where is the discounted log probability estimate for (typically slightly less than the log frequency in the training corpus), is the number of times has been observed in the training corpus, is the back-off weight to keep the probabilities add up to 1. The formula can be generalized to arbitrary n-gram orders if we let stand for zero or more words. The recursion bottoms out at unigrams (single words) where . If there are any out-of-vocabulary words we assume they are mapped to a special token, so is never undefined.

It is best to use both left and right context when estimating the probabilities for potential lexical substitutes. For example, in “He lived in San Francisco suburbs.”, the token San would be difficult to guess from the left context but it is almost certain looking at the right context. The log probability of a substitute word given both left and right contexts can be estimated as:

Here the “” symbol represents the position the candidate substitute is going to occupy. The first line follows from the definition of conditional probability and the second line comes from Equation 1 except the terms that do not include the candidate have been dropped.

The expression for the unnormalized log probability of a lexical substitute according to Equation II and the decomposition of its terms according to Equation 3 can be combined to give us Equation 5. For arbitrary order n-gram models we would end up with a sum of terms and each term would come from one of alternatives.

(5)

Iii Algorithm

The task of fastsubs is to pick the top substitutes () from a vocabulary of size that maximize Equation 5 for a given context . Equation 5 forms a tree where leaf nodes are primitive terms such as , , and parent nodes are compound terms, i.e. sums or conditional expressions. The basic strategy is to construct a priority queue of candidate substitutes for Equation 5 by composing substitute queues for each of its sub-expressions. The structure of these queues and how they can be composed is described next, followed by the construction of the individual queues for each of the subexpressions.

Iii-a Upper bound queues

A sum such as is not necessarily maximized by the ’s that maximize either of its terms. What we can say for sure is that the sum for any cannot exceed the upper bound where maximizes and maximizes . We can find the that maximizes the sum by repeatedly evaluating candidates until we find one whose value is (i) larger than all the candidates that have been evaluated, and (ii) larger than the upper bound for the remaining candidates.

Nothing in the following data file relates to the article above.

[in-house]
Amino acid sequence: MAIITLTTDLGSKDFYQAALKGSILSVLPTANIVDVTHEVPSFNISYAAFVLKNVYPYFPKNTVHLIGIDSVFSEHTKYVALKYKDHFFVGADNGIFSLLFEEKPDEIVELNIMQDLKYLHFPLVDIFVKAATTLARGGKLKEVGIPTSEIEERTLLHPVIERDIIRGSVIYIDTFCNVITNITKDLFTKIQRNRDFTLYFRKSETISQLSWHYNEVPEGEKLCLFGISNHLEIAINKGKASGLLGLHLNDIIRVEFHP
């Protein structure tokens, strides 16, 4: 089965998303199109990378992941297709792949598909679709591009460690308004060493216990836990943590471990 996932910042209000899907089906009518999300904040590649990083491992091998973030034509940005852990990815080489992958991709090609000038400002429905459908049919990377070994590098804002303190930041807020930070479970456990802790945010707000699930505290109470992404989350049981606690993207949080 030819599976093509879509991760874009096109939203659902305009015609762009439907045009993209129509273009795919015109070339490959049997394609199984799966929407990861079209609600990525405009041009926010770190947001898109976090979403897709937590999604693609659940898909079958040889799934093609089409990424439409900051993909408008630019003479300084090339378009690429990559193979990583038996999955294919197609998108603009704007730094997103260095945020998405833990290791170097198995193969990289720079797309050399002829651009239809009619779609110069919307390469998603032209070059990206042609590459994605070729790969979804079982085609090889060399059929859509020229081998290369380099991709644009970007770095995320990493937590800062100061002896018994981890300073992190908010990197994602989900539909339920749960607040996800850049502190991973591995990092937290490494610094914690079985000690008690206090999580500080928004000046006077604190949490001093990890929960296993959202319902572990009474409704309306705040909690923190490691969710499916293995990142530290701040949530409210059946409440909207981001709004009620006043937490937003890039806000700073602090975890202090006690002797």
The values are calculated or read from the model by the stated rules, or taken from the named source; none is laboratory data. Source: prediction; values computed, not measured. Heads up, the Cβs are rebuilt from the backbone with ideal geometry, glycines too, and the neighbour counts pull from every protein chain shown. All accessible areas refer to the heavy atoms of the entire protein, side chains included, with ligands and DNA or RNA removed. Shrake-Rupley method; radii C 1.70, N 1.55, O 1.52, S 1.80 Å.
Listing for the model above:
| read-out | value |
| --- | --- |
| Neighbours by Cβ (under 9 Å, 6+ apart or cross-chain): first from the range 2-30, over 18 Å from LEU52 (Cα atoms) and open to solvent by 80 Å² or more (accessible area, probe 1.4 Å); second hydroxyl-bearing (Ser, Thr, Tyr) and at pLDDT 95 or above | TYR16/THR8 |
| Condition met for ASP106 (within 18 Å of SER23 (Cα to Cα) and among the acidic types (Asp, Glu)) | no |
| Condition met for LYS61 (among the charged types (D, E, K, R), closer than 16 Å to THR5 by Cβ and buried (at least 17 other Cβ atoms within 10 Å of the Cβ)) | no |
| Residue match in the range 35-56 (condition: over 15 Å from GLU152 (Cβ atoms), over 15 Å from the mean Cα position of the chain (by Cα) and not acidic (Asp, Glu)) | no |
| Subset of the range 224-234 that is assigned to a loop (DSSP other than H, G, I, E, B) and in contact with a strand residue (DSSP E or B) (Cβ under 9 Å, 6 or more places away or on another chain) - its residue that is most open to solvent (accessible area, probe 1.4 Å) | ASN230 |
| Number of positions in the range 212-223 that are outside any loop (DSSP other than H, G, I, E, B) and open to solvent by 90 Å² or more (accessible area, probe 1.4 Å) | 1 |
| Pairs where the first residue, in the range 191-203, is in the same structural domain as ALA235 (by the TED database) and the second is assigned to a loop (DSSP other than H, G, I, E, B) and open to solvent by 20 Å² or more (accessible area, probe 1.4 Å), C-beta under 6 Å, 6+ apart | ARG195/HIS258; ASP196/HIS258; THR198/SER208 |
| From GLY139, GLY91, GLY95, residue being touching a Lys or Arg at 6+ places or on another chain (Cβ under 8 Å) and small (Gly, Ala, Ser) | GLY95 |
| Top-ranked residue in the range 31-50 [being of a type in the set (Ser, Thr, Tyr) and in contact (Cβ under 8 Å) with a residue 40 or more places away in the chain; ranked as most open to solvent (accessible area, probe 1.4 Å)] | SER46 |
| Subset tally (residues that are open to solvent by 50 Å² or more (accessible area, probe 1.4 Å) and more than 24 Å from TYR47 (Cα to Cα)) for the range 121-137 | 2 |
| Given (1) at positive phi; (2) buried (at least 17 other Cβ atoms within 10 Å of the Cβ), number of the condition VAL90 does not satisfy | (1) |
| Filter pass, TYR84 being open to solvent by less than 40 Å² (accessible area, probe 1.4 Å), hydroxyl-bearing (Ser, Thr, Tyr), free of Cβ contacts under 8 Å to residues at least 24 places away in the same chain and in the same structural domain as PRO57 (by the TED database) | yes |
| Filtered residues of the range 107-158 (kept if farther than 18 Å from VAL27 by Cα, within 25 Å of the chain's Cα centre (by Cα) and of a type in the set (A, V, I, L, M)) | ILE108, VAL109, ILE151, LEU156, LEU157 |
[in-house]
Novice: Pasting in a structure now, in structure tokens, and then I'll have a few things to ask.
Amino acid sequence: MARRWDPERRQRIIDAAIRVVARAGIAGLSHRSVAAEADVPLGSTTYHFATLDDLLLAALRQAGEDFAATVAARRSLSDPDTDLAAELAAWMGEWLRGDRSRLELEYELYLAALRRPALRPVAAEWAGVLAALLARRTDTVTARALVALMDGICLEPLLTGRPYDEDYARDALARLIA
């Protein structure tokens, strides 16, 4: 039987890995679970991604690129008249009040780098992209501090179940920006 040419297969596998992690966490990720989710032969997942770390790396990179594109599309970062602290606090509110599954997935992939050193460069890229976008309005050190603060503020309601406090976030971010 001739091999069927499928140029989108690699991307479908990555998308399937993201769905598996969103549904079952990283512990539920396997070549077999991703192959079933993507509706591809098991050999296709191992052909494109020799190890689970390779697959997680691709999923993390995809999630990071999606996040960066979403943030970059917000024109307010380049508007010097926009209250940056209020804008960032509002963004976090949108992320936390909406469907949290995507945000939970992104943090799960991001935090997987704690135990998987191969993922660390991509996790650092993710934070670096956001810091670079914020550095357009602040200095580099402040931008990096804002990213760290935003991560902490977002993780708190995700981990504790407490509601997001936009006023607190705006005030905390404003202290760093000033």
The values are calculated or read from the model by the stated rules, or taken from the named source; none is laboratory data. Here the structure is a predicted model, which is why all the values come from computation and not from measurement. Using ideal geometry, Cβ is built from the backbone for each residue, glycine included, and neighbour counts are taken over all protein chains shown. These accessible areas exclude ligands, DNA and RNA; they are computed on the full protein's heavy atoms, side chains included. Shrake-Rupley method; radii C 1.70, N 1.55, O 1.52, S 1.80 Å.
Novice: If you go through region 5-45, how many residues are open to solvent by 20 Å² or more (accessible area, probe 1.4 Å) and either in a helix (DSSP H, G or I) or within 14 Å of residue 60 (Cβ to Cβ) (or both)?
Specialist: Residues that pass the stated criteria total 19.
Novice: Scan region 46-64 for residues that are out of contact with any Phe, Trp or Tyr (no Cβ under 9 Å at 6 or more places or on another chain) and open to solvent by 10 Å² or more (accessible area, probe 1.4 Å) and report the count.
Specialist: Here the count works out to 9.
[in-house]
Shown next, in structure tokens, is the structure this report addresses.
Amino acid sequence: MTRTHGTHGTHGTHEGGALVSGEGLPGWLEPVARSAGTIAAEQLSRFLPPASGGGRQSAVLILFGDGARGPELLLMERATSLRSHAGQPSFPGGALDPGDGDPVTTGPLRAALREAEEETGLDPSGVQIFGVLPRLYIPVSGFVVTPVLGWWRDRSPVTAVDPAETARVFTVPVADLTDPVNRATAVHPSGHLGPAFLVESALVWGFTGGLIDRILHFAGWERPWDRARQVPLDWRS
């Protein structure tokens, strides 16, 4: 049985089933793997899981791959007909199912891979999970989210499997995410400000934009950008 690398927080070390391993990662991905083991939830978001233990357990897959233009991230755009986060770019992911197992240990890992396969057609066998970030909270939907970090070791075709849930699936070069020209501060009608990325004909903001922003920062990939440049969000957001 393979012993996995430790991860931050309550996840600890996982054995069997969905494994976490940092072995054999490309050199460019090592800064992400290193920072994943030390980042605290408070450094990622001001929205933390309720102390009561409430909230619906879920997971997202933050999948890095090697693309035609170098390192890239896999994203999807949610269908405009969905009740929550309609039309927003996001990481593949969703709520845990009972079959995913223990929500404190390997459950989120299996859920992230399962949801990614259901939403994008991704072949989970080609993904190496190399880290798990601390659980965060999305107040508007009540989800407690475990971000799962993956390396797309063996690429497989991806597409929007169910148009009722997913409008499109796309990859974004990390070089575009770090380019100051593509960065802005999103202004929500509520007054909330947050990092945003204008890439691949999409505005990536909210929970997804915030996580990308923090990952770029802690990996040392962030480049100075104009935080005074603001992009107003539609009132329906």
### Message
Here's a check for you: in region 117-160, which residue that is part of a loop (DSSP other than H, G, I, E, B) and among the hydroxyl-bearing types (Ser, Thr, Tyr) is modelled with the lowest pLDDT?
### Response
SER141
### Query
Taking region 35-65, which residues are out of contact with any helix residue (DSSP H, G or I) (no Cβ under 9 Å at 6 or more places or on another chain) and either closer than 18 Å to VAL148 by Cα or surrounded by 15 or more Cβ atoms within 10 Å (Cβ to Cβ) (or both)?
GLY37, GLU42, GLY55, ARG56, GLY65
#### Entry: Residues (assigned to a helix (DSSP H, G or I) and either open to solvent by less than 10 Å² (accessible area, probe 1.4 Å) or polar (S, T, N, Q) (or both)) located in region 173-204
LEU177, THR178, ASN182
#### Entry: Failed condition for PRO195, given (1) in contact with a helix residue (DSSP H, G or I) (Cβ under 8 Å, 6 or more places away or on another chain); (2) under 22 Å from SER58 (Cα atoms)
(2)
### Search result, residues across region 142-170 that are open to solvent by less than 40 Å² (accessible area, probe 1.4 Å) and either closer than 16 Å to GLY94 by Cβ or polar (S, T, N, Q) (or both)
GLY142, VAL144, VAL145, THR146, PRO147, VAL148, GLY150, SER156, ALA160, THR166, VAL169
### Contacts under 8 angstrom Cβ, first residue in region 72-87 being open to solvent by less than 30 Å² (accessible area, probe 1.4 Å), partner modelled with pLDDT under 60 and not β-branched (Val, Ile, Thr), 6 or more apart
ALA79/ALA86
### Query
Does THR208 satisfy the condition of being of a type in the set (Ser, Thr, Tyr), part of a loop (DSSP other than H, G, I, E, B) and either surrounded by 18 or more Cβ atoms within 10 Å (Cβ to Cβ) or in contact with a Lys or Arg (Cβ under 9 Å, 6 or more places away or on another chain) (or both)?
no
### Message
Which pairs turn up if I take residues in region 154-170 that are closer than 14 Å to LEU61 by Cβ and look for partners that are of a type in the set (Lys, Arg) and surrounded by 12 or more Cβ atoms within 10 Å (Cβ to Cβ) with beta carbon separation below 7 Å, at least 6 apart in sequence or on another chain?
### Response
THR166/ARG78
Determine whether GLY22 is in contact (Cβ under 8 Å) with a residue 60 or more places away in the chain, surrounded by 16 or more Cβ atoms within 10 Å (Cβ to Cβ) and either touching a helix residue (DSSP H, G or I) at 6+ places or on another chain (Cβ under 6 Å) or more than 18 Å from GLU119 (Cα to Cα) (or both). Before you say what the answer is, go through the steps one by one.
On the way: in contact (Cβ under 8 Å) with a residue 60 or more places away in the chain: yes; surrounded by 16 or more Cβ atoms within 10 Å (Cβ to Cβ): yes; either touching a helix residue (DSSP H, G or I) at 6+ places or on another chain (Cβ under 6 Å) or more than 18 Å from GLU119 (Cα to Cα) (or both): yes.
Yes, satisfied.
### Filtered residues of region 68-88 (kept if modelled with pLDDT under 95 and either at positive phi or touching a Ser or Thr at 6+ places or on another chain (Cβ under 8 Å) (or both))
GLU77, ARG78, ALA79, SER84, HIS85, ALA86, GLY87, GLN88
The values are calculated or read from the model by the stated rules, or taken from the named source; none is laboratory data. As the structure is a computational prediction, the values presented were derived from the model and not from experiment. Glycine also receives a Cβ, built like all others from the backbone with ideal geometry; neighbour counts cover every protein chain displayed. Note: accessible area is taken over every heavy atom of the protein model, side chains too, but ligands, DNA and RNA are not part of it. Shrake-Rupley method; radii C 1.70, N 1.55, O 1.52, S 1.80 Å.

Based on this intuition, we define an abstract data type called an upper bound queue that maintains an upper bound on the actual values of its elements. Each successive pop from an upper bound queue is not guaranteed to retrieve the element with the largest value, but the remaining elements are guaranteed to have values smaller than or equal to a non-increasing upper bound. An upper bound queue supports three operations:

  • : returns an upper bound on the value of the elements in the queue.

  • : returns the top element in the queue. Note that this element is not guaranteed to have the highest value.

  • : extracts and returns the top element in the queue and updates the upper bound if possible.

Upper bound queues can be composed easily. Going back to our sum example let us assume that we have valid upper bound queues for and for . The queue for the sum has because the upper bound for a sum clearly cannot exceed the total of the upper bounds for its constituent terms. can return any element from the queue without violating the contract. However in order to find the true maximum, we eventually need an element whose value exceeds the upper bound for the remaining elements. Thus we can bias our choice for to prefer elements that (i) have high values, and (ii) reduce the upper bound quickly. In practice non-deterministically picking to be one of or works well. can extract and return the same element from the corresponding child queue. If the upper bound of a child queue drops as a result, so does the upper bound of the compound queue .

Iii-B Top level queue

The top level sum in Equation 5 is a sum of conditional expressions for an order language model. We can construct an upper bound queue for the sum using the upper bound queues for its constituent terms as described in the previous section. Let represent the queue for the top level sum, represent the constituent conditional expressions and represent their associated queues.

(6)

For we non-deterministically pick the top element from one of the children and extracts and returns that same element adjusting the upper bound if necessary.